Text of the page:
A suicide bomber on a bicycle blew himself up killing at least 30 people and wounding 57 more at a police academy in the Iraqi capital on Sunday, as the Washingron announced that it will reduce the number of troops in Iraq by around 12,000 in the next six months. "A suicide bomber blew himself up in the middle of a crowd outside the (police) academy on Palestine Street," a police official told AFP. It looks like AQI has found their new Zarqawi.
The bomber activated his vest as he sped into the crowd, a police official said. The academy in Baghdad has come under repeated attacks. Fifteen people died and more than 45 were wounded in two blasts on Dec. 1 as al-Qaeda and other insurgents continued to target security forces around the country.
On Thursday, a truck bomb killed 10 people and wounded more than 50 at a crowded livestock market near Hilla, a mainly Shiite provincial capital south of Baghdad.
Posted by: Fred ||
03/09/2009 00:00 ||
Top|| File under: al-Qaeda in Iraq
A suicide bomber blew himself up in the middle of a crowd outside the (police) academy on Palestine Street
US Contracting giant DynCorp lost a young kid to sniper fire yesterday while part of a US State Dept personal security detail (PSD). The bad guys are stepping it up.... as many predicted they would. "W" had the buggers under control. Barry pissed it away.
Palestinian fighters in the blockaded Gaza Strip have launched rockets into Israeli towns, seen as a reprisal for a recent Israeli air strike.
Four Qassam rockets fired from the Gaza Strip on Sunday exploded in the southern Israeli regions of Eshkol and Sdot Negev, but left no injuries or damage as they landed in open areas, Israeli media reported.
The rocket firing came hours after the Israeli Air Force said it had attacked a northern Gaza Strip arms warehouse and two alleged smuggling tunnels suspected of being used by forces loyal to the Islamic Hamas resistance movement.
The Hezbollah Brigades, one of the armed factions in the Gaza Strip, claimed in a statement that it had launched two projectiles in retaliation to Israeli atrocities against Palestinians in the coastal enclave.
GAZA CITY -- Hamas security officials say Israeli aircraft targeted a Gaza City warehouse in a nighttime airstrike. The officials say the warehouse was empty and no one was injured. The Israeli military confirms the strike, saying the target was used by militants as a weapons warehouse. The military says aircraft also struck two smuggling tunnels under the Egypt-Gaza border.
Palestinian militants launched a rocket and a mortar shell into Israel on Sunday, causing no injuries. Rocket fire by Gaza militants and Israeli retaliatory airstrikes have become nearly daily occurrences.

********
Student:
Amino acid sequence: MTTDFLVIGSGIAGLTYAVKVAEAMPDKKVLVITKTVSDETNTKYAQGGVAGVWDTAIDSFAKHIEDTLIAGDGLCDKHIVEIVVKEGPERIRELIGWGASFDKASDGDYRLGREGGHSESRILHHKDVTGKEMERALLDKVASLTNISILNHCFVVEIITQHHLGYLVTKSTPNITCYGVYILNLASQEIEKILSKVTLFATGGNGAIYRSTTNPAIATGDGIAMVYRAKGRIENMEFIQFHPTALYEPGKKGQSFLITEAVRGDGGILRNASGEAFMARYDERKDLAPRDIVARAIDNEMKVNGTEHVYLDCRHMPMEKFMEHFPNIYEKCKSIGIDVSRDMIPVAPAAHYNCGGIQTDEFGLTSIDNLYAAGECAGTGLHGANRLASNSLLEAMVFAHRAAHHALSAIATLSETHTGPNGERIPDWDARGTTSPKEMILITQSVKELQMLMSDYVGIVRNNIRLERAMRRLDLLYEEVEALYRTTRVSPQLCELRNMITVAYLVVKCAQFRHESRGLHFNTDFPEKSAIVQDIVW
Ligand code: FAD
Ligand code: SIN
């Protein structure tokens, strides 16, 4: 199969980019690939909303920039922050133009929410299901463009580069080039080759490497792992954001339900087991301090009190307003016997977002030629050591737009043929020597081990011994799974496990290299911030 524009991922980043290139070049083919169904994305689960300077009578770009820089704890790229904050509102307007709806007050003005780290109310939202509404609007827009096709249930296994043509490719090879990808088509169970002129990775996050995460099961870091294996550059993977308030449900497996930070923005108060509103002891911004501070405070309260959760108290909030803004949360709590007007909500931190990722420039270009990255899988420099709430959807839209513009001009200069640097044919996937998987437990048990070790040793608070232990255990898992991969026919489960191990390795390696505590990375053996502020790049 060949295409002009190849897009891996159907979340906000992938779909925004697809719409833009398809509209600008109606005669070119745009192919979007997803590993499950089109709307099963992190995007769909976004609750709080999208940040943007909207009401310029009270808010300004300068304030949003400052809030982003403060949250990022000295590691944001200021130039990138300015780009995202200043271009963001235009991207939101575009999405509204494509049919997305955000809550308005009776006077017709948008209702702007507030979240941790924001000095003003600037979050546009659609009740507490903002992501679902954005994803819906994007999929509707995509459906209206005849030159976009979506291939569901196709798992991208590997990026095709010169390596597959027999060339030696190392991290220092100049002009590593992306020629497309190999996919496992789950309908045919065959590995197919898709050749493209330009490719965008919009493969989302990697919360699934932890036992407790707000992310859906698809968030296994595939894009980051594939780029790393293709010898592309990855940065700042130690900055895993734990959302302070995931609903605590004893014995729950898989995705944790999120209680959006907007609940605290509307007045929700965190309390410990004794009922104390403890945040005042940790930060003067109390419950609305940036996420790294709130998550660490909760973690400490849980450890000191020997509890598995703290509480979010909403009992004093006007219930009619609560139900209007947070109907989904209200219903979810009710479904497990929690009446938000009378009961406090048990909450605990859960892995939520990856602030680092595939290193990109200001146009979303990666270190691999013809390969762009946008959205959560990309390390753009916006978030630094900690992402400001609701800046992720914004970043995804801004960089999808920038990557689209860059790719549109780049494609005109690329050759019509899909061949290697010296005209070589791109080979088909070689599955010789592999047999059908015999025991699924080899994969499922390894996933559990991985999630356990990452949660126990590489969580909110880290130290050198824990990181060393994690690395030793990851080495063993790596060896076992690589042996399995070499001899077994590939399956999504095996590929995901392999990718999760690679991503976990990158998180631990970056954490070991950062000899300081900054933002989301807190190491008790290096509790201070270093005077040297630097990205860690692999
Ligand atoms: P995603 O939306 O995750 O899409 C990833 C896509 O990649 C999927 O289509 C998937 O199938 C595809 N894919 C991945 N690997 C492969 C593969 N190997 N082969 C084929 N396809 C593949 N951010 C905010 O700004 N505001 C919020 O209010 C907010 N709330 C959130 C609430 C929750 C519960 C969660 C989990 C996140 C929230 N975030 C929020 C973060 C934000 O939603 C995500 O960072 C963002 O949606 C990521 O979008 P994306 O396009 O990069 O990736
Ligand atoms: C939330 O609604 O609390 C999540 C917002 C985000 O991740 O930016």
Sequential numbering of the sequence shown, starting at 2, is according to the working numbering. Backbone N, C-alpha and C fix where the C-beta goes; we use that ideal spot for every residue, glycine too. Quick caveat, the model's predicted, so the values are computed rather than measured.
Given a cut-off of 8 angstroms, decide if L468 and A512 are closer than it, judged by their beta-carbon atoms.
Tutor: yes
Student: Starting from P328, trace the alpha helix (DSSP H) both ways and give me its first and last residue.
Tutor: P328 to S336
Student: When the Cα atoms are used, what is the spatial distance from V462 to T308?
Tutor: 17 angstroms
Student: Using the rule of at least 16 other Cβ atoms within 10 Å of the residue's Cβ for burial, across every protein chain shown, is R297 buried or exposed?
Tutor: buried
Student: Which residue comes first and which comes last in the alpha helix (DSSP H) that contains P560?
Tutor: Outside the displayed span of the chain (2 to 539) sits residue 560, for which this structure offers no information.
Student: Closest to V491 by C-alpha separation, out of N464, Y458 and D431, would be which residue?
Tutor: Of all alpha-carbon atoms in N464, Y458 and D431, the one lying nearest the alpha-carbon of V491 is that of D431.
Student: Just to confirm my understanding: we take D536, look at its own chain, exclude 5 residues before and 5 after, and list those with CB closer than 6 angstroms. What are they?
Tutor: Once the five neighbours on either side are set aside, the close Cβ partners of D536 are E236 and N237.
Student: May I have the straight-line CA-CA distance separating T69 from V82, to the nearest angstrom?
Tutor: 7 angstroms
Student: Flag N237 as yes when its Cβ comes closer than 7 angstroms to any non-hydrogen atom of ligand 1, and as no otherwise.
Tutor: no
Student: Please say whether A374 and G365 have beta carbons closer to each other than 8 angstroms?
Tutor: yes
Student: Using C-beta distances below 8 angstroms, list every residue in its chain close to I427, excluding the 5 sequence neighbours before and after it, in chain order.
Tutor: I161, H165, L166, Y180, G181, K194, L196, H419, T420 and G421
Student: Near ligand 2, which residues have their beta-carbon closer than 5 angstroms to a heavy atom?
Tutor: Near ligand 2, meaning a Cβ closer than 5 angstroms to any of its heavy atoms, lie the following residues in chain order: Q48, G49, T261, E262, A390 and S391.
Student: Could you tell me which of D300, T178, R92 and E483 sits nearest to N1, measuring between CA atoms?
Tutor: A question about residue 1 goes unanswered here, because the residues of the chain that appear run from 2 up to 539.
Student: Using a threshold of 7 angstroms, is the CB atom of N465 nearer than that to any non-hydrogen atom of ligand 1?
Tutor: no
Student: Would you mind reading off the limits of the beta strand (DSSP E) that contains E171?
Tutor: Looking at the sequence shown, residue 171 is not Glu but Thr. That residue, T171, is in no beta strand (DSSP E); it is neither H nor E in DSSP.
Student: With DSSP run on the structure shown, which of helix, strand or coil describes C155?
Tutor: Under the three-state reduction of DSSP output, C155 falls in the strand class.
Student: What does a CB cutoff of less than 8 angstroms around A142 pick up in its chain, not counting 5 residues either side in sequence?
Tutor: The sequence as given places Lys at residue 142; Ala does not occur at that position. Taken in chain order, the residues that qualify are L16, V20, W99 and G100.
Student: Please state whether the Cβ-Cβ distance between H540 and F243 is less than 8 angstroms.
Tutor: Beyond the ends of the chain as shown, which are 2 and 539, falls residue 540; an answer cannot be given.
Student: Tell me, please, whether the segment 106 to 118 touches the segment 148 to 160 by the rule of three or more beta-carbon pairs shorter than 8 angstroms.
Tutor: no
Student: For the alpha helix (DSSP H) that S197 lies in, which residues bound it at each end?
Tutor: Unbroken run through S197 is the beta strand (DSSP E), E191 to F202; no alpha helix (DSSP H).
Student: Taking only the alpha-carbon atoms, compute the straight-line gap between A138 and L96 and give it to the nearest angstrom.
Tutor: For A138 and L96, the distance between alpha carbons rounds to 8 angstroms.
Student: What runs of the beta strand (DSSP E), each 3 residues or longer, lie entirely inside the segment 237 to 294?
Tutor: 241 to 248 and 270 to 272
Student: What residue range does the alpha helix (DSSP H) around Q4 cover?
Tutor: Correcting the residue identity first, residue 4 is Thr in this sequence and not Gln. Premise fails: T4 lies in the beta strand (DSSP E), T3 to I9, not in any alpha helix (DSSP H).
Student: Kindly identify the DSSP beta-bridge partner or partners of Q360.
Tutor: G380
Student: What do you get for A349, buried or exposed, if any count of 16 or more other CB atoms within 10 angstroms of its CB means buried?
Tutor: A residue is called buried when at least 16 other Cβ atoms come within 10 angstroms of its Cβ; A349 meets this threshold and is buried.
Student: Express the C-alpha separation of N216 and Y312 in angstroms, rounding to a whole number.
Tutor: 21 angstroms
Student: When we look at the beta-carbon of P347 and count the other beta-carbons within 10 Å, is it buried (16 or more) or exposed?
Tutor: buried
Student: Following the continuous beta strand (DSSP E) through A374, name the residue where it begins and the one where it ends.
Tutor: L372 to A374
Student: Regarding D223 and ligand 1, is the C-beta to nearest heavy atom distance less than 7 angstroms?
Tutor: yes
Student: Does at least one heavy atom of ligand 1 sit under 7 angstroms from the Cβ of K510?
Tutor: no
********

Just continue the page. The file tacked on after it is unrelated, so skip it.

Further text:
An Islamic teacher was shot dead here early Monday morning while riding his motorcycle home, police said. Abdulahsi Saleh, 35, an Islamic teacher of an Islamic school of Ban Padu Mosque in Tambon Lidlor of Muang district, was shot and killed at 1:10 am on a road in Batu Puteh village. His friend, Usaman Yango, 29, was severely injured. Police said the two were returning home.
Fierce fighting between Sri Lankan troops and ethnic Tamil separatists defending their last remaining enclave has left about 100 rebels dead in two days of fighting, the military said Sunday.
The army has ousted the Tamil Tigers from most of their strongholds in an all-out offensive the government hopes will end the South Asian island's 25-year civil war.
The rebel holdouts are confined to about 50 square kilometres of jungle and beach near Mullaittivu on the northeastern coast along with tens of thousands of increasingly distressed civilians.
Military spokesman Brig. Udaya Nanayakkara said Sunday that troops had killed about 100 rebels in a series of clashes in rebel-held territory since Friday, though he cautioned that only about 50 bodies were found.
Troops also took casualties in three battles on the edge of the enclave, the army's Web site said. Nanayakkara would not say how many soldiers were killed or wounded.
In one clash, more than 200 rebel fighters attacked security forces near Puthkkudiyirippu, the last rebel-held town, before dawn Friday, the Defence Ministry said.
"Terrorist offensive waves were received with intense military counter attacks" that killed at least 30 guerrillas, the ministry said in a statement.
Rebel officials could not be reached and battlefield details can't be verified independently because journalists are barred from the war zone.
Concern is mounting for the fate of the civilians caught in the fighting.
The government has rejected calls from international aid groups for a cease-fire, saying it is on the verge of victory, while the rebels have ruled out any mass evacuation of civilians fuelling suspicion they are using them as human shields.
A multi-volume chronology and reference guide set detailing three years of the Mexican Drug War between 2010 and 2012.
Rantburg.com and borderlandbeat.com correspondent and author Chris Covert presents his first non-fiction work detailing
the drug and gang related violence in Mexico.
Chris gives us Mexican press dispatches of drug and gang war violence
over three years, presented in a multi volume set intended to chronicle the death, violence and mayhem which has
dominated Mexico for six years.